What now seems to be getting challenged is the very idea of old-style “engagement.” There’s been a persistent idea over the last several decades that if the United States stuck with and embraced China, allowed it into the World Trade Organization, included it in the rules-based Western order, exchanged hundreds of thousands of students, invited more Chinese sports teams, ballet companies, orchestras etc. to perform, China would slowly become appreciative, more like us, more congenial, and less disruptive of the existing world order, as so-called “stake holders” that wanted to fit. In many ways that has not happened, and I think this idea doesn’t have as much hold on this current administration. At the same time, the attitude of the American public at large also seems to be slowly changing; the notion that animated the last few decades that the U.S. and China were on slowly converging, rather than diverging, trajectories, is no longer credible. The Chinese have been increasingly assertive, aggressive, and even provocative, and I think we are now seeing some blowback. This is all the more true after the 19th Party Congress and Xi’s declaration that we are in a “new era” where the U.S. is in decline and “socialism with Chinese characteristics” is in ascendancy. And, there now seems to be a growing sentiment, inside the Trump administration as well, that we have hit an inflection point, that it would be dangerous to continue to allow ourselves to be “played,” whether in trade, investment, cultural exchange, or military cooperation, by Beijing. I think this Asia trip will be a test of what kind of an inflection point we are actually now at with China, and what response is best suited of this “new era.”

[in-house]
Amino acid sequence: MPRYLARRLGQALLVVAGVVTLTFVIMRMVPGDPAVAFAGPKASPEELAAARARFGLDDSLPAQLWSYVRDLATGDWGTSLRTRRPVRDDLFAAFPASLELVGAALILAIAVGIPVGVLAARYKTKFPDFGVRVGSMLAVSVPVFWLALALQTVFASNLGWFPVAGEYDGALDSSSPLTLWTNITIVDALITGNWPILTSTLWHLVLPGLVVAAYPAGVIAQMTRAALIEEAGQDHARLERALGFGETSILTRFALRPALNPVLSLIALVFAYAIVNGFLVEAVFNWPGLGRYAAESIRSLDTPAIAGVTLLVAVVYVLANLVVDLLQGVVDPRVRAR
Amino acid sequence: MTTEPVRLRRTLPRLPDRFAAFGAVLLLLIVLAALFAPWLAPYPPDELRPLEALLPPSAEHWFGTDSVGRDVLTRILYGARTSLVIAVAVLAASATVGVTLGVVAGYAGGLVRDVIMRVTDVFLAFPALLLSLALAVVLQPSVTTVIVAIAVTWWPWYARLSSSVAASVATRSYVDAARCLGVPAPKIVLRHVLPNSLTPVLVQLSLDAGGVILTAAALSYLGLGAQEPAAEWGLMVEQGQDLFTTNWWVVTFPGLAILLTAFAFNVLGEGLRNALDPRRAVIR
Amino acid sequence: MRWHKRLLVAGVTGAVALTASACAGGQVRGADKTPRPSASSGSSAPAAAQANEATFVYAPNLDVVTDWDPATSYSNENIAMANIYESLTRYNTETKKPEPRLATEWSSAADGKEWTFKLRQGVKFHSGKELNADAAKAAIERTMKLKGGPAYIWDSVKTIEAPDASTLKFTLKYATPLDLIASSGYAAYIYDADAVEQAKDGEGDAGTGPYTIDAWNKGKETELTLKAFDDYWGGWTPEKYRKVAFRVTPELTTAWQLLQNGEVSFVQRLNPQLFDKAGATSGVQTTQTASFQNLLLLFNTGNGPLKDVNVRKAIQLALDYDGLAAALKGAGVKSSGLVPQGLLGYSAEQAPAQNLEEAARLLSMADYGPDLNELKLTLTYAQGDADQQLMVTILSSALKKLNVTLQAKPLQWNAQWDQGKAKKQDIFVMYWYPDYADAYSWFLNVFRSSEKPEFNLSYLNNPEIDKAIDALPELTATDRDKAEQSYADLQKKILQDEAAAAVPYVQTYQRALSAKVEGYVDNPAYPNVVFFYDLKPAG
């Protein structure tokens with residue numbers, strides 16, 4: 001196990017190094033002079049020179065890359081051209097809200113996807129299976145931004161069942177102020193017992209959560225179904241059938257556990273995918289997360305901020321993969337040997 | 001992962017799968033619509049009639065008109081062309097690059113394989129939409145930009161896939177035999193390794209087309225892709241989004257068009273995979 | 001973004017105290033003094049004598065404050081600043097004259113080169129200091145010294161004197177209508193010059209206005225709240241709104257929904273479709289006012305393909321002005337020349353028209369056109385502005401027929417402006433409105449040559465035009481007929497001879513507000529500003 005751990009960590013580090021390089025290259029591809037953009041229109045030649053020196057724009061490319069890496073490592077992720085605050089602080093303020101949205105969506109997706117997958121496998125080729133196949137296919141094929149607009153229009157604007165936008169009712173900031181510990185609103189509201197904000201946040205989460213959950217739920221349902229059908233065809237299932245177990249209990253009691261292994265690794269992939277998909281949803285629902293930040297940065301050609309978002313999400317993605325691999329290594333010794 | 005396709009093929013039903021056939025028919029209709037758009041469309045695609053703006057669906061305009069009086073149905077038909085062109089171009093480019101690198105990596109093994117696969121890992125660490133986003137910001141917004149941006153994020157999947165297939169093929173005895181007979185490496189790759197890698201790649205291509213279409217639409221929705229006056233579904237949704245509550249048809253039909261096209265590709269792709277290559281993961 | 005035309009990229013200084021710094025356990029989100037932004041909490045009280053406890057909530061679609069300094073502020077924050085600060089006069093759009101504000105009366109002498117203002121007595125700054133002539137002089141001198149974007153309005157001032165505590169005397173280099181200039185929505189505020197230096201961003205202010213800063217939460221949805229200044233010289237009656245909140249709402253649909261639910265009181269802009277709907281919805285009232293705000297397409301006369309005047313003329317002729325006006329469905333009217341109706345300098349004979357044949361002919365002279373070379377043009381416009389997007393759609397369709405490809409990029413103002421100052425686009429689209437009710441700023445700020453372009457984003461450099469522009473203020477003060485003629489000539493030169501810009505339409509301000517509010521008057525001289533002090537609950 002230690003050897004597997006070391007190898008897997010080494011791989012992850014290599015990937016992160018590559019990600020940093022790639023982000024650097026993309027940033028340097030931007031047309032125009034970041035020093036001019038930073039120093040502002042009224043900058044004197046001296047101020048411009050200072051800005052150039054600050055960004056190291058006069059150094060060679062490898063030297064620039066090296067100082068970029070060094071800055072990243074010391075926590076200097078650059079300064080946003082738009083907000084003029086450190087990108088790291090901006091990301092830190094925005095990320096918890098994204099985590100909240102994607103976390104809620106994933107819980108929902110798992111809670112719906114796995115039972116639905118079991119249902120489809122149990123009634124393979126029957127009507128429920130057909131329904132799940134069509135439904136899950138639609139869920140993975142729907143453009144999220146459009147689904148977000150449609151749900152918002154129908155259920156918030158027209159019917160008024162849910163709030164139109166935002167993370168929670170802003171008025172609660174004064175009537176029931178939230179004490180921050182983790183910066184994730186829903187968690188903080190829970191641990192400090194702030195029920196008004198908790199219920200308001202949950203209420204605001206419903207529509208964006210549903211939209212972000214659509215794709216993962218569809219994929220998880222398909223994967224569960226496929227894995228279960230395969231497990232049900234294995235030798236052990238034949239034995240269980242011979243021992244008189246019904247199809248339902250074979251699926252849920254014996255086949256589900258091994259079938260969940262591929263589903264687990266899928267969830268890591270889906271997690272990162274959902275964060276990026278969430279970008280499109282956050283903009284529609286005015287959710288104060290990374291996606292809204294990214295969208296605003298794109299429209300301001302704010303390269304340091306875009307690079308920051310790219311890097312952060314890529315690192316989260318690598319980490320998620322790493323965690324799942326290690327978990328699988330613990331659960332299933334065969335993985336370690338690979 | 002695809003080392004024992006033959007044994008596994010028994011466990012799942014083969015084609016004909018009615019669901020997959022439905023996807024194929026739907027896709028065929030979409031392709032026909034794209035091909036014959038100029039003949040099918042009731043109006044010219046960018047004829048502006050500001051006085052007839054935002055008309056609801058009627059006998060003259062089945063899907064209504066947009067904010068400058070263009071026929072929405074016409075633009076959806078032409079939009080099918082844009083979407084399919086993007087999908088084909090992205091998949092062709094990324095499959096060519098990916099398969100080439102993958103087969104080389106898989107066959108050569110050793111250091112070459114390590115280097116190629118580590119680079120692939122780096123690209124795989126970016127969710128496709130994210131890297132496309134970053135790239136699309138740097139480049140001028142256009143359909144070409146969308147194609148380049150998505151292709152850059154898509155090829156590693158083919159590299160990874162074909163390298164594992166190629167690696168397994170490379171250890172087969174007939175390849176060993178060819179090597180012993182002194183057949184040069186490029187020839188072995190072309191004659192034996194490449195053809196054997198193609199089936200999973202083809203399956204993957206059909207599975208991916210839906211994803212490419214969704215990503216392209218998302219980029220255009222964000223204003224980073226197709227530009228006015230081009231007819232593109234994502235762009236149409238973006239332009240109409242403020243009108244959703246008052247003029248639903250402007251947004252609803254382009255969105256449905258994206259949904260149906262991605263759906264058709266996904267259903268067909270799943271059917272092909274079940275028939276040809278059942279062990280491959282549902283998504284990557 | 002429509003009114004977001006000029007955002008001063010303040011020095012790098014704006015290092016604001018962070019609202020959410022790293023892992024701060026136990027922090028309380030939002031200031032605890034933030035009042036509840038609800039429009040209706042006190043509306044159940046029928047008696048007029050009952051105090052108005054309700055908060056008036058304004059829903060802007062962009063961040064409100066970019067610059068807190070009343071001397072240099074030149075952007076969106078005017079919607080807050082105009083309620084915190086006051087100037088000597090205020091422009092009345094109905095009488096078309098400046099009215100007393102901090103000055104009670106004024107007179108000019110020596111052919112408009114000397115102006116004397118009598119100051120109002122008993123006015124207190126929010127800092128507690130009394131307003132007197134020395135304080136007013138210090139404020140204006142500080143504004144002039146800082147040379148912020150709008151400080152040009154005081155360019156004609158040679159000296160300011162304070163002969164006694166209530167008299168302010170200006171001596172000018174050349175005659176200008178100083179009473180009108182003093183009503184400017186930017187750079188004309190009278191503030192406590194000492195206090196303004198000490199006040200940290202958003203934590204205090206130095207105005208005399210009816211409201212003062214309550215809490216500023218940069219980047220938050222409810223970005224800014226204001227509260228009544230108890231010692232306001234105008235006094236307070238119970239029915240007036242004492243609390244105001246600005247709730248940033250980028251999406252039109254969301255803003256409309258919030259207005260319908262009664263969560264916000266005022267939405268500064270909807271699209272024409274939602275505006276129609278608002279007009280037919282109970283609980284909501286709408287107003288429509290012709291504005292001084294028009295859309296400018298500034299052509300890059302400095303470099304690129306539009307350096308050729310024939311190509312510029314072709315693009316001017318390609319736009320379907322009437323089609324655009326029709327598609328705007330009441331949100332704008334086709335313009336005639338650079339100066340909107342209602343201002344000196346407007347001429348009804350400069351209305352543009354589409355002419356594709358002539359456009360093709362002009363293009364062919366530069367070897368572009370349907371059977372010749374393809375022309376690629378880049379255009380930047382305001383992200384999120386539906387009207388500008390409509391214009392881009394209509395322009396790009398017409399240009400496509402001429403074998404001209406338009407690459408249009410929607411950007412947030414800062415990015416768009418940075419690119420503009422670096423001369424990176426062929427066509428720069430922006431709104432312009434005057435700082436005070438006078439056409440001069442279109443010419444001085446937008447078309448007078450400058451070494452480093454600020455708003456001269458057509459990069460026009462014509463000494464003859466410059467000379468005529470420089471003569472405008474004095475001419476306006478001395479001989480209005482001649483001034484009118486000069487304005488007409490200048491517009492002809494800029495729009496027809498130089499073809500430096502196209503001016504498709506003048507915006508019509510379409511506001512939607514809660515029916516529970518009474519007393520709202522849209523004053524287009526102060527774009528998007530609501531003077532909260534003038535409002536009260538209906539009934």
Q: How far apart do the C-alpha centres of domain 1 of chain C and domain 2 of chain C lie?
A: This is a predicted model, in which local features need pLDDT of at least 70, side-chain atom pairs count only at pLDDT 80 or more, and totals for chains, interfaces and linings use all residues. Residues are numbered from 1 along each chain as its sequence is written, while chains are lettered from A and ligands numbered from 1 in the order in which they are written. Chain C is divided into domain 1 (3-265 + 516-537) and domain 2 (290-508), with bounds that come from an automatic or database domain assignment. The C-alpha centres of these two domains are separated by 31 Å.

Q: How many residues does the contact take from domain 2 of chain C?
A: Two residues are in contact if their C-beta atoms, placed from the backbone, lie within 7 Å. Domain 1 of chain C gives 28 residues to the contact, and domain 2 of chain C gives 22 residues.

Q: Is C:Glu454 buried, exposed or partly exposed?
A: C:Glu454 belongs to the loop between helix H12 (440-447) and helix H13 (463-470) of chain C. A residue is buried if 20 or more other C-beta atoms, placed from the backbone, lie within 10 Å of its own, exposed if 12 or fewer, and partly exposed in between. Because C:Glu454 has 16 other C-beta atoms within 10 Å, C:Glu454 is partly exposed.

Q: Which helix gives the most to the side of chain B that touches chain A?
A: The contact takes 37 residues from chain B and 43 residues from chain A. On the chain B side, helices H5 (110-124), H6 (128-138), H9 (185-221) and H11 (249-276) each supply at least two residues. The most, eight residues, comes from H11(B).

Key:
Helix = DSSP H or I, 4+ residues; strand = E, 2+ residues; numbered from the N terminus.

In talking with U.S. officials, I think we can expect few important public deliverables from China at this summit. Perhaps more important, we should carefully watch what happens down the line after Trump returns to Washington, in terms of how the White House responds to the reality that, in too many ways, the playing field is out of level for Americans in China. Whether you’re a businessman, a media rep, a scholar, a civil society actor, or a religious leader, the notion of reciprocity is being sorely stretched. The U.S. has been open to China, while China has been increasingly closed to us. In the weeks going forward, it would not surprise me to see the Trump Administration, despite all the niceties of Trump’s Mar-a-Lago friendship with Xi, begin to play a much harder, even confrontational, game with China in ways that may surprise us.

We’ll learn more in Seoul and then finally in Beijing. But it is no accident—as Trump pointed out to Abe at the joint press briefing—that his great hegira to Asia did not begin in Beijing, but in Tokyo and Seoul.